S&P Warns: Athens Nearing Default, Again
Sunday, 05 October 2014

 

Remember Yunanistan (Greece, Hellas, Ellada...): the country that in 2010 launched Europe's sovereign solvency crisis and the ECB's own helpless attempts at intervention, which later was "saved", only to default shortly thereafter (but without triggering CDS as that would end the Eurozone's amusing monetary experiment and collapse the Deutsche Bank $100 trillion house of derivative cards), which later was again "saved" when every single global central bank made sure Greek bonds became the only yield-generating securities in the world?

Well, the country which at last count was doing ok, is about to not be ok. Because according to none other than S&P, at some point over the next 15 months, Greek debt is about to be in default when the country is no longer able to cover its financing needs. In other words, back to square one.

As Bloomberg reports, citing Real News, S&P analyst Marie-France Raynaud said Athens canít cover its own financing needs.

How is that possible? Isn't Europe so fixed, it no longer has anything to worry about except deflation, pardon, inflation?

Guess not. According to Bloomberg, S&P estimates Greek financing needs for the next 15 months to be at EU43 billion.

This is a problem because even if Greece sells bonds this year and next, sales wonít be enough to cover net financing needs. So maybe Athens will sell more bonds? Well, the problem with that is that the second the LIFO paradigm of bond investing no longer works, and the last guy in may be stuck holding the bag, nobody will want to buy 1 penny in debt issued by Greece.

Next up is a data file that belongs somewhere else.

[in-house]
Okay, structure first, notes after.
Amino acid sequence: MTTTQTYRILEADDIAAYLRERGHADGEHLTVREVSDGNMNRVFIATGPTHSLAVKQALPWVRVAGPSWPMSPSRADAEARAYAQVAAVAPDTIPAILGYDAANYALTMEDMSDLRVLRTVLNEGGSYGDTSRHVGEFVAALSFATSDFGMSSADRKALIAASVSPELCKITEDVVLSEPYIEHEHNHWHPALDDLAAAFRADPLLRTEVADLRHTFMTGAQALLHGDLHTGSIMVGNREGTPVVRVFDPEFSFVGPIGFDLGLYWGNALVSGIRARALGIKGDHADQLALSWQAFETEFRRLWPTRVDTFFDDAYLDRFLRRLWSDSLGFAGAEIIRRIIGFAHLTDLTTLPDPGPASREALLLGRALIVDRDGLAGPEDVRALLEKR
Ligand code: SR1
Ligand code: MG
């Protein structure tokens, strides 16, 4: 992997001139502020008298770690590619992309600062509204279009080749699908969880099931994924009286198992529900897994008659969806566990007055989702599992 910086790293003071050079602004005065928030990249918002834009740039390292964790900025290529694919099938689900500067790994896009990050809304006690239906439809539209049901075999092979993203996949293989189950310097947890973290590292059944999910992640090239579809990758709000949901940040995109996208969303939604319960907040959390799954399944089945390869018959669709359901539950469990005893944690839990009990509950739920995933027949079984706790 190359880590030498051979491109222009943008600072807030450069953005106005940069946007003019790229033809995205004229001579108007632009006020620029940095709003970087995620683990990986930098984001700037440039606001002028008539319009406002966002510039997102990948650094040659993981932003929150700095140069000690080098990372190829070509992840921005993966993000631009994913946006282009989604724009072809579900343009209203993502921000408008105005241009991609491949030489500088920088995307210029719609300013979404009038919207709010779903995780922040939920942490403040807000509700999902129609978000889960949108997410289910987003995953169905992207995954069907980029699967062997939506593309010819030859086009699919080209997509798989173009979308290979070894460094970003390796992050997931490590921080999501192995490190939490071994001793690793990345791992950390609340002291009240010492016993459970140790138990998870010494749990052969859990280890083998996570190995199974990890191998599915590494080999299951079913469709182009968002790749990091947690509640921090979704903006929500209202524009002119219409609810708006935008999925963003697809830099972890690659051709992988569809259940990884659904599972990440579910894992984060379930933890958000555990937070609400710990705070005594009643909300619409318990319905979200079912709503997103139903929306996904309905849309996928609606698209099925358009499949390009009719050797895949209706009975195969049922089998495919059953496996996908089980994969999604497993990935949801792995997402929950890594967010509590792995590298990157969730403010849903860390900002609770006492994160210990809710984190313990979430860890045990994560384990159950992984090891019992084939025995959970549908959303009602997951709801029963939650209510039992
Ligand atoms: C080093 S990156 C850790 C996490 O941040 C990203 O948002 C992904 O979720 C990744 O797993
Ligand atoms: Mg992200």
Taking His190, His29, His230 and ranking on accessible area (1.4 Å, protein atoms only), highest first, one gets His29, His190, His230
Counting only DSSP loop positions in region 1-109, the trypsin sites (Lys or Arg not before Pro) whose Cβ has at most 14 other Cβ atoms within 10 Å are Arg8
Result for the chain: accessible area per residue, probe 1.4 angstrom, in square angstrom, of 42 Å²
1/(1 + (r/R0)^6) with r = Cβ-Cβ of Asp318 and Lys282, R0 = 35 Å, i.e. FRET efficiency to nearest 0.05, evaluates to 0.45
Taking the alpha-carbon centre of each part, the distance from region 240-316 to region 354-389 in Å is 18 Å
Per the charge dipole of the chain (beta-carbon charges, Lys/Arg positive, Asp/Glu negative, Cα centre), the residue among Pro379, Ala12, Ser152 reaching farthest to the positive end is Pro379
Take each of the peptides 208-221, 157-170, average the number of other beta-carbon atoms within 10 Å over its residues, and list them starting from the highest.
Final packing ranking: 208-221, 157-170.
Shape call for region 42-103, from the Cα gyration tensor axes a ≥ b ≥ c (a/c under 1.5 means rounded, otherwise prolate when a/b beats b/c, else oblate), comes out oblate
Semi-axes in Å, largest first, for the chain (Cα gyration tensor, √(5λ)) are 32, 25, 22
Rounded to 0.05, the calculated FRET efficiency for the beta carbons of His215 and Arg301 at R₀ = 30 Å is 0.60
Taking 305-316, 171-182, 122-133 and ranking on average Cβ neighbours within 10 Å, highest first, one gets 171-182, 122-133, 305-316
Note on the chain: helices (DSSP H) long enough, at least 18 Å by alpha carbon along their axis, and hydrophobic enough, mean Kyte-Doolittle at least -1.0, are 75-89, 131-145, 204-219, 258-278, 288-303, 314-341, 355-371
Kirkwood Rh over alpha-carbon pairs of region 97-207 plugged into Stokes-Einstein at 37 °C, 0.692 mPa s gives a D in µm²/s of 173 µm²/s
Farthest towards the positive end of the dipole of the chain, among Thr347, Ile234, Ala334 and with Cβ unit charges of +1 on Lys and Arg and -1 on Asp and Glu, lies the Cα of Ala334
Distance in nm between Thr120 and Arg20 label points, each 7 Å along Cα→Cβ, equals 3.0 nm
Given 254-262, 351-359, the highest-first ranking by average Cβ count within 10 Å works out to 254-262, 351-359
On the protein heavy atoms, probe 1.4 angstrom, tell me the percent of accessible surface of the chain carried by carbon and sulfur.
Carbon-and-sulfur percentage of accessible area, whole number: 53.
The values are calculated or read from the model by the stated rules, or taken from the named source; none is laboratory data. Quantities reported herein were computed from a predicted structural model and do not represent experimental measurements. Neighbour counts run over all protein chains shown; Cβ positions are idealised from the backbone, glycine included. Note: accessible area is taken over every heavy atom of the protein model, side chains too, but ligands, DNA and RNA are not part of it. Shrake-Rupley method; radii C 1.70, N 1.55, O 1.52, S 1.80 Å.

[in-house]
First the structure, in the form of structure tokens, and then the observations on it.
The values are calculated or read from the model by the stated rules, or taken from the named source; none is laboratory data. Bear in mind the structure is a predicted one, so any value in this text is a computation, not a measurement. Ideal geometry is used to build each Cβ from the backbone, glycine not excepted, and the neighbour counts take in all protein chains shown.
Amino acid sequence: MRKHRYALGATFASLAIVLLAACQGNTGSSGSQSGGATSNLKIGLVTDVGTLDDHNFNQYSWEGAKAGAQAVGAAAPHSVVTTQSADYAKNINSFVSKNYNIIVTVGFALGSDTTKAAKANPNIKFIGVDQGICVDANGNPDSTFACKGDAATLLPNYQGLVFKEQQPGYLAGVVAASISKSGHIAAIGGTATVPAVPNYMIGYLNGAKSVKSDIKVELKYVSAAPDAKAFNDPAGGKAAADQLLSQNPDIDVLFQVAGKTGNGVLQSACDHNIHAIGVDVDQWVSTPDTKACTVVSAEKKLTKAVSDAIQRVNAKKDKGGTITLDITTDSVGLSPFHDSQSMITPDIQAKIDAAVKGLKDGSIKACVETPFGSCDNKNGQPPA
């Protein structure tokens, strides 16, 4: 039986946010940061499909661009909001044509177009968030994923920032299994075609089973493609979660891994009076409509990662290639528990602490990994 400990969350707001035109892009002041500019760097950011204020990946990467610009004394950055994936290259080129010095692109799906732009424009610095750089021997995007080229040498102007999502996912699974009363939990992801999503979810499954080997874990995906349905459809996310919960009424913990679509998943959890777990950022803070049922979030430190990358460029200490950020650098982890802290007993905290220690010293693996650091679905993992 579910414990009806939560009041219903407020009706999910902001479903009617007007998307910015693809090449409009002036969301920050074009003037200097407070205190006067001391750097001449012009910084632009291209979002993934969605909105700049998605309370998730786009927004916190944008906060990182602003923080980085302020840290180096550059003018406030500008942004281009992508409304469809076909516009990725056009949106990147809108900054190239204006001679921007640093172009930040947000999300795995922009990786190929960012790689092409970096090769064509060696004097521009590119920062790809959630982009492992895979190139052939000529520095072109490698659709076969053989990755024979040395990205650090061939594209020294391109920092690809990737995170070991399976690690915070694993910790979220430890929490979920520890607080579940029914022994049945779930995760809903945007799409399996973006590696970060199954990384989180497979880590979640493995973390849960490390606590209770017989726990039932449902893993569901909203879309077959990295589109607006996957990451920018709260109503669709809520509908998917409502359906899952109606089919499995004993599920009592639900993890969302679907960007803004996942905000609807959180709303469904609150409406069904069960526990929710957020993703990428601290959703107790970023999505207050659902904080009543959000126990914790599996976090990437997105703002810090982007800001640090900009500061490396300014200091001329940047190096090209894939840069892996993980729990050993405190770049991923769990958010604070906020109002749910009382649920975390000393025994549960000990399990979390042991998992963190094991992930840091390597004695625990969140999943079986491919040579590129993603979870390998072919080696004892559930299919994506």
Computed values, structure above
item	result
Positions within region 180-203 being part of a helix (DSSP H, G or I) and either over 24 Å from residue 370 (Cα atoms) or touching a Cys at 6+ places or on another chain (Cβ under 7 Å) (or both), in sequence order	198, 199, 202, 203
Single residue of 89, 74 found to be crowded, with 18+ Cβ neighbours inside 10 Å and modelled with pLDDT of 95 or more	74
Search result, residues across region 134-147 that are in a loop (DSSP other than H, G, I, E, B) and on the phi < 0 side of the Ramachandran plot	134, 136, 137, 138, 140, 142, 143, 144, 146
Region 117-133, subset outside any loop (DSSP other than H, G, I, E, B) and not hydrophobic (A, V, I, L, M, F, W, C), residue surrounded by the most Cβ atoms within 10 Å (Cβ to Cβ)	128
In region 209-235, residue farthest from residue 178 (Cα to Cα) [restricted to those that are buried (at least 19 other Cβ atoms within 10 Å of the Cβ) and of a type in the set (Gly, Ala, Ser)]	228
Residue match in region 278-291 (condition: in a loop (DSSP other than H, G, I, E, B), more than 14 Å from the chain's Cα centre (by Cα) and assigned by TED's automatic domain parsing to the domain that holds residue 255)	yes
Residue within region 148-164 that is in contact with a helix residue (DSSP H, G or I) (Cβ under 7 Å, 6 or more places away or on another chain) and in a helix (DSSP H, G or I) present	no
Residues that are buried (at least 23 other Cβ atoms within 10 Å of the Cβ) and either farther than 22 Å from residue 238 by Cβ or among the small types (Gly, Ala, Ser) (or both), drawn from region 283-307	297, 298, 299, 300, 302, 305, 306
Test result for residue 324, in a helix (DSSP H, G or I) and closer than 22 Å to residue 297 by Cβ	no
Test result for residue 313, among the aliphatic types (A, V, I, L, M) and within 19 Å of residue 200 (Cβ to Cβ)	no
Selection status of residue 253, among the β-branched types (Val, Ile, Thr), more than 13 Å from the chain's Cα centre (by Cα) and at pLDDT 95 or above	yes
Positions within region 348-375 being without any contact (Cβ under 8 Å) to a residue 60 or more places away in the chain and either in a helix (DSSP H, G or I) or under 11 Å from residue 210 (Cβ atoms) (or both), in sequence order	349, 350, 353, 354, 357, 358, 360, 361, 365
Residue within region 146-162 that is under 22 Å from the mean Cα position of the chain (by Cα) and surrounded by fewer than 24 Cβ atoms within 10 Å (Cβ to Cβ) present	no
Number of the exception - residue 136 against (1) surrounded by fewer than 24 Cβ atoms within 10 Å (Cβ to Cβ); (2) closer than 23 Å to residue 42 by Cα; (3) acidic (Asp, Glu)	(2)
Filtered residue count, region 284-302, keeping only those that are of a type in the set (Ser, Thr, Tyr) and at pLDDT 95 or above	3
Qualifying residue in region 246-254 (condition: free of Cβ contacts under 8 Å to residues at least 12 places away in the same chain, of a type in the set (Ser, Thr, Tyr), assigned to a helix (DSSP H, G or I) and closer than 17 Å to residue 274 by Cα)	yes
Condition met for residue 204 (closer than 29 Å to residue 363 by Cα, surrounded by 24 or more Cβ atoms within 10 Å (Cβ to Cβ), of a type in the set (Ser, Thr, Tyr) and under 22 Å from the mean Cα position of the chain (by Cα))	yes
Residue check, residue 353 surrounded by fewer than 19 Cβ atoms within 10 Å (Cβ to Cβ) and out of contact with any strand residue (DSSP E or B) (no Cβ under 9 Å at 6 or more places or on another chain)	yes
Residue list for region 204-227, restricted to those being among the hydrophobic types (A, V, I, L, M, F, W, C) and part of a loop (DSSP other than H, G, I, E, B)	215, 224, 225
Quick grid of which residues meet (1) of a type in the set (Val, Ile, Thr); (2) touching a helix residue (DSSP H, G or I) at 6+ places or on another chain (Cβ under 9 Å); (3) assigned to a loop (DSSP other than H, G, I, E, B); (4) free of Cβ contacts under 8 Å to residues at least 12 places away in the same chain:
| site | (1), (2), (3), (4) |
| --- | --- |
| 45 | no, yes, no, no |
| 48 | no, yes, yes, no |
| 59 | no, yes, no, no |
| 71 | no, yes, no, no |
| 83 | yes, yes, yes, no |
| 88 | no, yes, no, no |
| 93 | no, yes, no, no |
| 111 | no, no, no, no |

The specifics: S&P estimates Athens will draw EU 5 billion from intl bond sales, EU 20 billion from internal mkt, EU 12 billion from official lenders inluding the IMF in next 15 mos. S&P also forecasts Greece will repay EU 3 billion in bonds held by investors who refused to participate in 2012 debt writedown, and if it doesn't then Greece will following Argentina in being held in "contempt to court" fo cramming down foreign law covenants. Just kidding: that would mean the global legal system actually works instead of serves merely to make the rich richer.


As for Greece, it appears that suddenly the idyllic image of its recovery is about to be torn to shreds and the Syntagma riotcam will have to come out of hibernation.

Or maybe it won't. In a case of populist pandering, at the same time as the S&P report hit, the premier Antonis Samaras said in a Kathimerini op-ed that if political stability isnít threatened, Greece wonít need emergency loans in few months, and will achieve final settlement on public debt. He added that liquidity in Greece will be restored after ECB stress tests on countryís lenders and that in stark contrast to what S&P just said, Greece doesnít need new bailout agreement, no new loans, concluded Greece's village idiot in charge.

Actually, it will. The backdoor left open by Samaras is that "achievements will be endangered in case of political instability, and if parliament has to elect president" adding tbat the "government will not allow those who want country to commit suicide to have it their way."

In other words, Greece will default the second the people start protesting the crushing, and very simple math, and they decide they have had enough of the technocrat and appoint another president. Because, you see, it is not that Greece implemented zero reform, and rooted out the pervasive cooruption that saw billions in foreign "aid" end up in offshore bank accounts of the political oligarchy, or the simple math of sources and uses of funds: it is the danger of the Greek people returning to what they did best in those days of 2010 and 2011 when every other day saw a riot in the center of Athens, that will be the straw that finally breaks the camel's back.

And thus we go back to square one, as we always said we would, when only timing was a matter of debate. Well, we now know the timing: T minus 15 months and counting to yet another Eurozone collapse. 

 

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